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Ireland, Gold Futures, commodity speculation, and the rest of this week’s news – in advance…!

THIS WEEK’s episode of “The WelfareState in Crisis” features a guest appearance by the Emerald Isle,currently seeking about $110 billion in bailout money from theEuropean Union, writes Dan Denning in his Daily Reckoning Australia.

Actually, Ireland is not seeking that money, and that appears to be a part of the problem. The Irishgovernment is content that it’s managing its problems well,independent of European meddling.

But with 10-year Irish bond yieldsblowing out to a spread of 646 basis points over 10-year German debtlast week, European officials are worried that problems in Irelandare problems for the Euro. And if problems for the Euro get worse,that means problems for Portugal and Spain too.

No wonder the US Dollar quit fallinglast week. And no wonder commodities fell like a stone. Friday was anugly day for commodities speculators. The CRB Index in New York fell3.6%. Every single one of its 19 components was down. Sugar contractsfell 12% in London and corn and soybeans traded limit down.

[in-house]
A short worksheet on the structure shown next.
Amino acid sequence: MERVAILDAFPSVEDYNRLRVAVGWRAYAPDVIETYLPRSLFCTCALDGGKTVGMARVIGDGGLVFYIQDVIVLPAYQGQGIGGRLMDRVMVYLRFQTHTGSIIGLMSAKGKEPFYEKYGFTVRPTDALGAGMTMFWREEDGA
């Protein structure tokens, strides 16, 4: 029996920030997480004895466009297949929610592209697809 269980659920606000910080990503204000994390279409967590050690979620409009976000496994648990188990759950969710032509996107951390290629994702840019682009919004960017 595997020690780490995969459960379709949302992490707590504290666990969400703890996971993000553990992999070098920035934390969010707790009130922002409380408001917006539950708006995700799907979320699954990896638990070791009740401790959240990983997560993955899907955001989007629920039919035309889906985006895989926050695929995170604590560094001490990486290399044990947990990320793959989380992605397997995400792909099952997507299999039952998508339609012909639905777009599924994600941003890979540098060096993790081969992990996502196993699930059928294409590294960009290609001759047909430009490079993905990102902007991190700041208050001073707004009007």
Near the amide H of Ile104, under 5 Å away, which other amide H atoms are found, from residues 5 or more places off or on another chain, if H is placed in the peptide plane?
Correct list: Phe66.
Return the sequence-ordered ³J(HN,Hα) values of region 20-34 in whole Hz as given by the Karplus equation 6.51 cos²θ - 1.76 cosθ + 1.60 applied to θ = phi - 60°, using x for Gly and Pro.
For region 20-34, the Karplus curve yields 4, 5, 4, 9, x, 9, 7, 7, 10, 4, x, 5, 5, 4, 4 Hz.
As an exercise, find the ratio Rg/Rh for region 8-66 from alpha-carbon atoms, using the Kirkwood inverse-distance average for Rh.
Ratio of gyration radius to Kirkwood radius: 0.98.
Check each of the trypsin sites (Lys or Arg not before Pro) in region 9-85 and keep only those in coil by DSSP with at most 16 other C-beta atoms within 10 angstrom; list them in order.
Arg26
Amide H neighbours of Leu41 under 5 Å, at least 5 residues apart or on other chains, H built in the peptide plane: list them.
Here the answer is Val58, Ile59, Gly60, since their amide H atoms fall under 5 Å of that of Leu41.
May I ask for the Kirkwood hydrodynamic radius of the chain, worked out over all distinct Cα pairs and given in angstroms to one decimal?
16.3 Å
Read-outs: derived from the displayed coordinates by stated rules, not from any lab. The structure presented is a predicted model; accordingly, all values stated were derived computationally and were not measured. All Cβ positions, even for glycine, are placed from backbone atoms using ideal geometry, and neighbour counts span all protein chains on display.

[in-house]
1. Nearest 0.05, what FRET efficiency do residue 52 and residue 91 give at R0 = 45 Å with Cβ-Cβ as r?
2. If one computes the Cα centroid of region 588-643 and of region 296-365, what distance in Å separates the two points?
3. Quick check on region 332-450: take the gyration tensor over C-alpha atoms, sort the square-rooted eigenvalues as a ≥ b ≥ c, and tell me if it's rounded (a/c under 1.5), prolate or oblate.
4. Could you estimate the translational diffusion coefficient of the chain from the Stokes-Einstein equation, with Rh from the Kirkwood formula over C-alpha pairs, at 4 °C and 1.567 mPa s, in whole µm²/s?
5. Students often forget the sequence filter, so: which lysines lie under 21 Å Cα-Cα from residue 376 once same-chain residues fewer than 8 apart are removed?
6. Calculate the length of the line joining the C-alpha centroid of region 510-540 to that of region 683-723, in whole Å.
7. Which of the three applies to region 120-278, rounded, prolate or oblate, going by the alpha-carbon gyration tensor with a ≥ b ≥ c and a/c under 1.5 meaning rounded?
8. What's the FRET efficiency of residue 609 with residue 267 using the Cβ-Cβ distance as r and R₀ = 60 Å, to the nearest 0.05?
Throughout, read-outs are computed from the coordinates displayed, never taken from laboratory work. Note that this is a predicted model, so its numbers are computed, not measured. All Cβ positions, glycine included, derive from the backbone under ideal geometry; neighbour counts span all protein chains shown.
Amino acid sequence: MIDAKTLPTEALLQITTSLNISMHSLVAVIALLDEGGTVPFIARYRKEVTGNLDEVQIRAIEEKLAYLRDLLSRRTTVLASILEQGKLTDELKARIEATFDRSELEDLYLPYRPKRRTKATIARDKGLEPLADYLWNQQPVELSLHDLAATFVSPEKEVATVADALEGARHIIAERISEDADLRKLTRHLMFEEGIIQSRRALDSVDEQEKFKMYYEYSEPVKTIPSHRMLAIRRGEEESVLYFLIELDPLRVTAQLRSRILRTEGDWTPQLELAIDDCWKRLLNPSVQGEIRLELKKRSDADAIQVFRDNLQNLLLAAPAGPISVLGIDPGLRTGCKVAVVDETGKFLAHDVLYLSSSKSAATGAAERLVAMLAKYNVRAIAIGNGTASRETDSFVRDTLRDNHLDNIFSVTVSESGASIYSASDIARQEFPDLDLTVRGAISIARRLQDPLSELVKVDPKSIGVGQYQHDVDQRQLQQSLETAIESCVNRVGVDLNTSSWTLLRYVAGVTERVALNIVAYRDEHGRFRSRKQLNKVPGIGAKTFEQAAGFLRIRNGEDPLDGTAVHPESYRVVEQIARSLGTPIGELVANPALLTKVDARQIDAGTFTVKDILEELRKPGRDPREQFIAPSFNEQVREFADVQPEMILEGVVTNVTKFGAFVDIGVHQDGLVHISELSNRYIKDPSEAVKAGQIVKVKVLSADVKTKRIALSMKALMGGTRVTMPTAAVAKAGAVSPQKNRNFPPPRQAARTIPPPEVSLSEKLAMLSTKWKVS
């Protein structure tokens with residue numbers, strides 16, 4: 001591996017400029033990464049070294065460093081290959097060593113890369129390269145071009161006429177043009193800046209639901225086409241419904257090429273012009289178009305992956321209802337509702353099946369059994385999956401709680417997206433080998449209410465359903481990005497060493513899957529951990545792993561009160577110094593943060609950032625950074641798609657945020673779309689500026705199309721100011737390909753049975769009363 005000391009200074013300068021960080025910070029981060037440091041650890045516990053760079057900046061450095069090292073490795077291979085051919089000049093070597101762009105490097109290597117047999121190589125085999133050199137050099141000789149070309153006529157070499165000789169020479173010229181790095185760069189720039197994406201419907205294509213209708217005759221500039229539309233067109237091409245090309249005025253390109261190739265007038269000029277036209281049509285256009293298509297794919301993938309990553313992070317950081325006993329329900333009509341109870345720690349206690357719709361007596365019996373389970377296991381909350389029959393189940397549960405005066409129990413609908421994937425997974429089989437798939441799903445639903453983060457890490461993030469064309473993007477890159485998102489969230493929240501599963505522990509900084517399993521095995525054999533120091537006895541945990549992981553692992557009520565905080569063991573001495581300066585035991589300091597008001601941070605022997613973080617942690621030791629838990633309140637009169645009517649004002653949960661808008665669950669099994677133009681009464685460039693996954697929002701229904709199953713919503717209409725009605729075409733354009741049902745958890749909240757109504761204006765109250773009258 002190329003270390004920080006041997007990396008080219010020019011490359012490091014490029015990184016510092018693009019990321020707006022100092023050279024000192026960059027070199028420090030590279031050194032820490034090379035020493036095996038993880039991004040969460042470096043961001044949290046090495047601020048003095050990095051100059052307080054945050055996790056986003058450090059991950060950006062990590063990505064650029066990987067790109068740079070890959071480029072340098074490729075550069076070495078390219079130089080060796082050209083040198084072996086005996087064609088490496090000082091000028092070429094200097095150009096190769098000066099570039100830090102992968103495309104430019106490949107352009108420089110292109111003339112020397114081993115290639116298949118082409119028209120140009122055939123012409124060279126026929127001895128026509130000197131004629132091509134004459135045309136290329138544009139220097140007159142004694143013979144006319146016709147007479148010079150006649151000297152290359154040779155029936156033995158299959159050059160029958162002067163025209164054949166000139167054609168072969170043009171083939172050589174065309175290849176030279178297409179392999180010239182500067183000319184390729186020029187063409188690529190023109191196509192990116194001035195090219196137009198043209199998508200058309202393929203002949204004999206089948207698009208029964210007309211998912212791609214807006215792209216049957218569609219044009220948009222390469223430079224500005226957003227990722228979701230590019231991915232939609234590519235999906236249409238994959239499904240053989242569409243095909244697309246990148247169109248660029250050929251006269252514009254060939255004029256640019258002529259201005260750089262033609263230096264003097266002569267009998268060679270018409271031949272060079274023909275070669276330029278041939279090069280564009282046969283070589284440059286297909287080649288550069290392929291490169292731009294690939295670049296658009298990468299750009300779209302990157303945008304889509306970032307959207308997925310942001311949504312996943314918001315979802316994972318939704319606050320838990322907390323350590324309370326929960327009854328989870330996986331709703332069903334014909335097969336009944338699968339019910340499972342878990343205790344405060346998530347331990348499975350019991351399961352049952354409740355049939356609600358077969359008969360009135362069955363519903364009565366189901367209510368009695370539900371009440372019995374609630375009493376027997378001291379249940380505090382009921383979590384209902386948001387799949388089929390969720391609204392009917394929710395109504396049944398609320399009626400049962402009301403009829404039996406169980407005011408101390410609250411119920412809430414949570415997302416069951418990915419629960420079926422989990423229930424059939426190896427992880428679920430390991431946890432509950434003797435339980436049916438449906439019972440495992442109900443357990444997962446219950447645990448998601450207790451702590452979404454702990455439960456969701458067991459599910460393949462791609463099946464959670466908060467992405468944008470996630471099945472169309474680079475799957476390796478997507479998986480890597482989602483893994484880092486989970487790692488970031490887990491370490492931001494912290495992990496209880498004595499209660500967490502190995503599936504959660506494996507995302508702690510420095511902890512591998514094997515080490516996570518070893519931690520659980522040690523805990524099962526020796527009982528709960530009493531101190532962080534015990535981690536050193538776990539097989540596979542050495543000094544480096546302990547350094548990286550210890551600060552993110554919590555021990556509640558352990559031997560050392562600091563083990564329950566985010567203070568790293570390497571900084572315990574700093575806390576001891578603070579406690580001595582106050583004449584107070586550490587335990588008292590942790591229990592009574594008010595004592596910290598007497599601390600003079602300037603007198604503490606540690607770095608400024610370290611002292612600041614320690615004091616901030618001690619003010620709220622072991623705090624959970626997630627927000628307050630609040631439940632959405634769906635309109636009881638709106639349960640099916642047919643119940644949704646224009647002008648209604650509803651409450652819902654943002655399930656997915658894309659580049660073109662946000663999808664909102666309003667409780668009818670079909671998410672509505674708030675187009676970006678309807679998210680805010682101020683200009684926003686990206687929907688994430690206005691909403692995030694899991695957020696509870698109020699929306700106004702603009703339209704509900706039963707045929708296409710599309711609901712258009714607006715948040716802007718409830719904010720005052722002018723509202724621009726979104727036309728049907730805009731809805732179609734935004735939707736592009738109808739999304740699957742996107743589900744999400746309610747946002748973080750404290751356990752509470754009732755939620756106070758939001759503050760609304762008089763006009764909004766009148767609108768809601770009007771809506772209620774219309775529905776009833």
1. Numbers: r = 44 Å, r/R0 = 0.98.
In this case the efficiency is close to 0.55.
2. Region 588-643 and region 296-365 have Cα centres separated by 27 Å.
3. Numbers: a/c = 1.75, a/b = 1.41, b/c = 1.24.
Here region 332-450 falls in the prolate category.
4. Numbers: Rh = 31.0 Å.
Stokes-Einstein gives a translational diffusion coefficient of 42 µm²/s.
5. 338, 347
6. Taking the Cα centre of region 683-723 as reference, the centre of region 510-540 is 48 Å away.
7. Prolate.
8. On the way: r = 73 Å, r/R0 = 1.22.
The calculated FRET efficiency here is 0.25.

Part of the shocking action incommodities futures markets is the raising of margin requirements byexchanges. It happened in silver last week. And it happened for sugartoo, when the ICE futures boosted margins on sugar contracts by 81%to shake out speculators. It will probably happen on Gold Futurestoo, and that might explain the $40 thud last Friday, among otherthings.

No one is forced to speculate, ofcourse. But this is what the Bernanke Fed has wrought. ItsQuantitative Easing action has put dollar owners in the position ofdoing nothing and losing money to inflation, or speculating intangible assets that go up in price relative to the dollar. And it’s not just commodities. It’s currencies too.

The G-20 summit in Seoul failed toproduce any result on competitive currency devaluations. No onereally expected it to. But what’s next? Since there is no quick andeasy solution to replacing a broken world currency system, the slow,difficult, and ugly scenario must take place. It will probably beslow, difficult, and ugly.

One thing you should expect more of isan escalating level of capital controls. Ironically, the firstmanifestation of this has been in export-oriented economies likeBrazil, where the government tripled a tax on foreign investment inlocal bonds from 2% to 6%. It was designed to prevent furtherappreciation in Brazil’s currency, which yields over 10% and is up35% in trade-weighted terms since last year.